Sunday, November 24

Waveboard weekend

My brother’s built a new house. His family moved in three weeks ago. They now live a new, booming sub-division at Papamoa, 12km south of Tauranga. Last week I was in Wellington on business. I took advantage of the relative proximity to fly north for the weekend.

I couldn’t have picked a better time to visit family. While Sydney was inundated by cold, wet and windy weather, both Wellington and the Bay of Plenty were enjoying gentle winds and lots of sunshine. While in Tauranga I enjoyed a walk around the base of Mount Maunganui and a BBQ at my brother’s new digs.

My nieces also took great delight in teaching me to wave board. In fact, I showed my age by professing complete ignorance as what a wave board was. I’ve certainly seen them around but had no idea what they were called. For the record, they’re a type of skateboard with a single wheel mounted front and back on a deck with a central pivot. Rhythmically wiggling the around its pivot deck propels the rider forward while maintaining their balance. It’s a lot like rollerblading while standing on one leg.

Friday, November 22

Going green

Sea lettuce is a naturally-occurring green algae that grows in coastal regions around the world. It grows in sheets that sometime resemble the leaves of butter lettuce. At least one rather stringy species is native to New Zealand where seasonal blooms can clog harbours and deposit thick, rotting mounds along pristine beaches.

Last weekend, while visiting my mother in Mount Maunganui, I found the main beach carpeted by fresh deposits of sea lettuce. I’d never seen such an extensive bloom before. At least a hundred metres of beach front had been inundated by a sea of green. Mum says these blooms have become more frequent in recent years. I vaguely recall small deposits along the shore as a child, but nothing as extensive as the sight the greeted me in the weekend.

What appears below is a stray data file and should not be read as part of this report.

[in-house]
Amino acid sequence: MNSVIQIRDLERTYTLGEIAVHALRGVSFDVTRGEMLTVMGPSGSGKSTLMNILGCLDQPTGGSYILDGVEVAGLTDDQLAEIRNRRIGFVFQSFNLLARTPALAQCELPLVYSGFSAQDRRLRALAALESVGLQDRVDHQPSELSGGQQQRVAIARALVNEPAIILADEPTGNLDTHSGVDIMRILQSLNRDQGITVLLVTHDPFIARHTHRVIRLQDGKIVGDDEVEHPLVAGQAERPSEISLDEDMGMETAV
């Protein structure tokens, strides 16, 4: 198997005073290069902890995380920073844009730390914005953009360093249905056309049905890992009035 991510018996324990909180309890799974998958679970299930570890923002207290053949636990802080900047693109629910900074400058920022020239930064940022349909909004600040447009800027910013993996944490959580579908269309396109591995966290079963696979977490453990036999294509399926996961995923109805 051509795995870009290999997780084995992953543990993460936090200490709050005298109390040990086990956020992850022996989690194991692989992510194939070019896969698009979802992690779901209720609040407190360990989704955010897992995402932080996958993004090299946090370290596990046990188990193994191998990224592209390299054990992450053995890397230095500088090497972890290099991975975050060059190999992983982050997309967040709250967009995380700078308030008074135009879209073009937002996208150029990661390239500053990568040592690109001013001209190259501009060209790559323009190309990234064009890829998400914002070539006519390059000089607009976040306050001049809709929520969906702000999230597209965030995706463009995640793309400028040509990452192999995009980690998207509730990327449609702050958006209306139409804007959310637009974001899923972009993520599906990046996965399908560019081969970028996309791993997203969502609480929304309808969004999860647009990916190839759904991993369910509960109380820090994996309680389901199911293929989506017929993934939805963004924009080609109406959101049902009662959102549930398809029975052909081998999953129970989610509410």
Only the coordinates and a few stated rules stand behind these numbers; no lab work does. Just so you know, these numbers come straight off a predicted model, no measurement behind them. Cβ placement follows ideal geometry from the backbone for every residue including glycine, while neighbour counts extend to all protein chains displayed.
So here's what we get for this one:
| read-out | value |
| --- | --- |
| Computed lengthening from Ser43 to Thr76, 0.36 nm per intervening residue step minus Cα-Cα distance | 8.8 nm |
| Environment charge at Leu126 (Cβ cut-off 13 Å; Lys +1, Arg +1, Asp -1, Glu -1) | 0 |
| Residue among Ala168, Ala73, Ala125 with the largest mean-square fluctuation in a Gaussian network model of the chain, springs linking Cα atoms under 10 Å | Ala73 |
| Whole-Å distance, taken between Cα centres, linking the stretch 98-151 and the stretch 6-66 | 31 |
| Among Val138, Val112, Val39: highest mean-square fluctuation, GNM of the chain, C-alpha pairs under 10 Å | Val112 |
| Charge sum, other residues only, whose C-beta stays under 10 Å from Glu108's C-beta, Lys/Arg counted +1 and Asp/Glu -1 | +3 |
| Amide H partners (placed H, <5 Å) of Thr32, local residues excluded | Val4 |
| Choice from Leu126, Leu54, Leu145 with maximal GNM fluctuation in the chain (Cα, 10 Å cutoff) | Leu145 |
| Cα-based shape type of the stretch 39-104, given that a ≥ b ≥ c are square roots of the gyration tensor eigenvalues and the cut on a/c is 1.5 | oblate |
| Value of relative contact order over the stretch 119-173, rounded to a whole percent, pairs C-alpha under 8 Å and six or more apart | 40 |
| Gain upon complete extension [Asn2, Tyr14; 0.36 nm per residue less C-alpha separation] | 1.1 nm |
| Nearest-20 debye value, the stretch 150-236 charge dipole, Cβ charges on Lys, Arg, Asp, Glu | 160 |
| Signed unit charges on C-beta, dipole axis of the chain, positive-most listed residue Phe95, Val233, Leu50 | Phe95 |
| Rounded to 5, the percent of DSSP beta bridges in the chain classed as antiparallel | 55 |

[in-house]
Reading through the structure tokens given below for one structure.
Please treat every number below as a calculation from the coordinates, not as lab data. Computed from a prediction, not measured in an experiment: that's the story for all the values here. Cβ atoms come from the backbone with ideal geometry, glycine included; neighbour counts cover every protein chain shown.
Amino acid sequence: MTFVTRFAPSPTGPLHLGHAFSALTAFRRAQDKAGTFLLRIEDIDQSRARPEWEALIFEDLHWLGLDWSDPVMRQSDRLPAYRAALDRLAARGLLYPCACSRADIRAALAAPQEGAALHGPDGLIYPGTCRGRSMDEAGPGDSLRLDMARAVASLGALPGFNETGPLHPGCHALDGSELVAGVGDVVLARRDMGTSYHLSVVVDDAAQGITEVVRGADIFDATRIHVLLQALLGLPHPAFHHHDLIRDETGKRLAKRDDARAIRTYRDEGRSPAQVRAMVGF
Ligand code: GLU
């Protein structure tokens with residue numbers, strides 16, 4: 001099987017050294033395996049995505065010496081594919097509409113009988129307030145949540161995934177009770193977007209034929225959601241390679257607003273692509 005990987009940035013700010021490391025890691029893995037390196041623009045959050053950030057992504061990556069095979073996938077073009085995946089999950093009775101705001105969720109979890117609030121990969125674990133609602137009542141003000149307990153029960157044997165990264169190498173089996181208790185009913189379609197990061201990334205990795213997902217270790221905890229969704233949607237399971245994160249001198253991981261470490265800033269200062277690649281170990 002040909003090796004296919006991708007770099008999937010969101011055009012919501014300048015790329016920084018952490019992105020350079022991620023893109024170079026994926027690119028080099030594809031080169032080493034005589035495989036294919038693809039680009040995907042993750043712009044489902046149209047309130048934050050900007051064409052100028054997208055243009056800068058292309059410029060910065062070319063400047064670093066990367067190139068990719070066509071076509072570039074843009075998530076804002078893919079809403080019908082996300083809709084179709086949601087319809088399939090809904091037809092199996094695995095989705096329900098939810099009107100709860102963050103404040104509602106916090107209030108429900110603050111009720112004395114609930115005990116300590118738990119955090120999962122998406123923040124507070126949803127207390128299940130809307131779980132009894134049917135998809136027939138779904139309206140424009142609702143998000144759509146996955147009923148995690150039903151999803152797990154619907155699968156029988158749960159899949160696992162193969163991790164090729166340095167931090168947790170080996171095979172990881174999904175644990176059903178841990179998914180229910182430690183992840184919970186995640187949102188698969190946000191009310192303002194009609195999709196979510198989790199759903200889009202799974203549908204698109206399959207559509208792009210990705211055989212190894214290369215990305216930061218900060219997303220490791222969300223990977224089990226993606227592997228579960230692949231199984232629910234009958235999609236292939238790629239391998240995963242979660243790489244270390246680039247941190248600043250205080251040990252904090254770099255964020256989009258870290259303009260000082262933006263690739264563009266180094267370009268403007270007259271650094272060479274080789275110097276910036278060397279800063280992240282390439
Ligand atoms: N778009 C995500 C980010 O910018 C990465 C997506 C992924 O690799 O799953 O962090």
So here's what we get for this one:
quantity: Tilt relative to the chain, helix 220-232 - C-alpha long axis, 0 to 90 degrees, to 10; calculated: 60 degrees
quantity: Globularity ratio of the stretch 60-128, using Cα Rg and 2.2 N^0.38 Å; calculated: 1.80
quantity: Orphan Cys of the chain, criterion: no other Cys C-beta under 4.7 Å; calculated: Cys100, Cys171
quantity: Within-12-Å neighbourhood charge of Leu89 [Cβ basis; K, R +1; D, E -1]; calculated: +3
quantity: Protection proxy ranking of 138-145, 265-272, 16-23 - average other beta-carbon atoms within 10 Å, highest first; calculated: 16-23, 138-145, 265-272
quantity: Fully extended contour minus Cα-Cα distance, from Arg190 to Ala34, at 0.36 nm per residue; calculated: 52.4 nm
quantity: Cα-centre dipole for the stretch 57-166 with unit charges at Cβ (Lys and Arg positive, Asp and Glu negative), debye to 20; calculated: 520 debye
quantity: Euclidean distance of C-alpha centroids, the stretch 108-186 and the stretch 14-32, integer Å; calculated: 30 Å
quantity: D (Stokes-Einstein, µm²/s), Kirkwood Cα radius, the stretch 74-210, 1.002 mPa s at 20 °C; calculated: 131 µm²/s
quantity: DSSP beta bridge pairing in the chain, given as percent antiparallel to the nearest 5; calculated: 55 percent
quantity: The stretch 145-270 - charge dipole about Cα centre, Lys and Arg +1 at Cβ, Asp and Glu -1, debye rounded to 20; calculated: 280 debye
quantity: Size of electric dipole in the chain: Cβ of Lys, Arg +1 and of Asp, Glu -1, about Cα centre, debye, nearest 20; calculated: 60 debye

Critics claim nutrient rich run-off from surrounding farmland is to blame. However, research reveals a surprisingly strong correlation between blooms and El Nino weather patterns. During an El Nino winds blow predominantly from the west. Persistent winds push warm coastal water along New Zealand’s east coast away from the land. Cooler, nutrient rich, deep ocean water rises in its place and blooms swiftly follow. These verdant reproductive bursts go unnoticed until stormy weather washes tones of green deposits along the shore and into sheltered bays.

Debate currently focuses on the impact of global warming on the frequency and strength of El Nino weather patterns. The phenomenon is a result of extensive warming of the Pacific Ocean’s surface along the South American coast. This heat sink draws the planet’s atmosphere away from Australia and New Zealand, creating warmers temperatures and drought conditions in these nations.

It’s shame to see the beauty of Mount Maunganui’s beaches desecrated by these blooms. Even more so as the Summer cruise ship season gets underway. Tourism is a regional growth industry and the city’s stunning beaches constantly surprise and delight visitors.

Saturday, November 9

Delicious Melbourne

I was in Melbourne this week for work. The city was considerably cooler than Sydney. Sydney’s forecast for today predicts a high of 31C, while Melbourne will only reach 15C. Melbourne’s climate encourages a lifestyle reminiscent of our time in London. The cooler weather encourages a more diverse wardrobe. Melbourne residents are better dressed and retailers sell a wider variety of fashions. The city’s laneways also encourage a wonderful cafĂ© culture.

The food scene in Melbourne is superb. This week I enjoyed conveyor delivered sushi at Sakura Kaiten Sushi. The dishes on offer rivaled those of a far more up-market restaurant. The quality and variety was impressive; delicious sashimi, tasty Takoyaki and elegantly presented nigiri sushi combinations.

I also had dinner one night with the Group Finance Director at Cecconi’s Cantina, a cozy Italian restaurant on Flinder’s Lane. The ingredients are always fresh and seasonal. We enjoyed some wonderful fresh pasta and risotto before retiring for a cocktail at RU CO bar in the Grand Hyatt.

Finally, I caught up with a old friend for a glass of wine at the Script Bar.  We reminisced about life in Europe and our plans for the future while soaking up the casual cafe atomsphere that Melbourne does so well.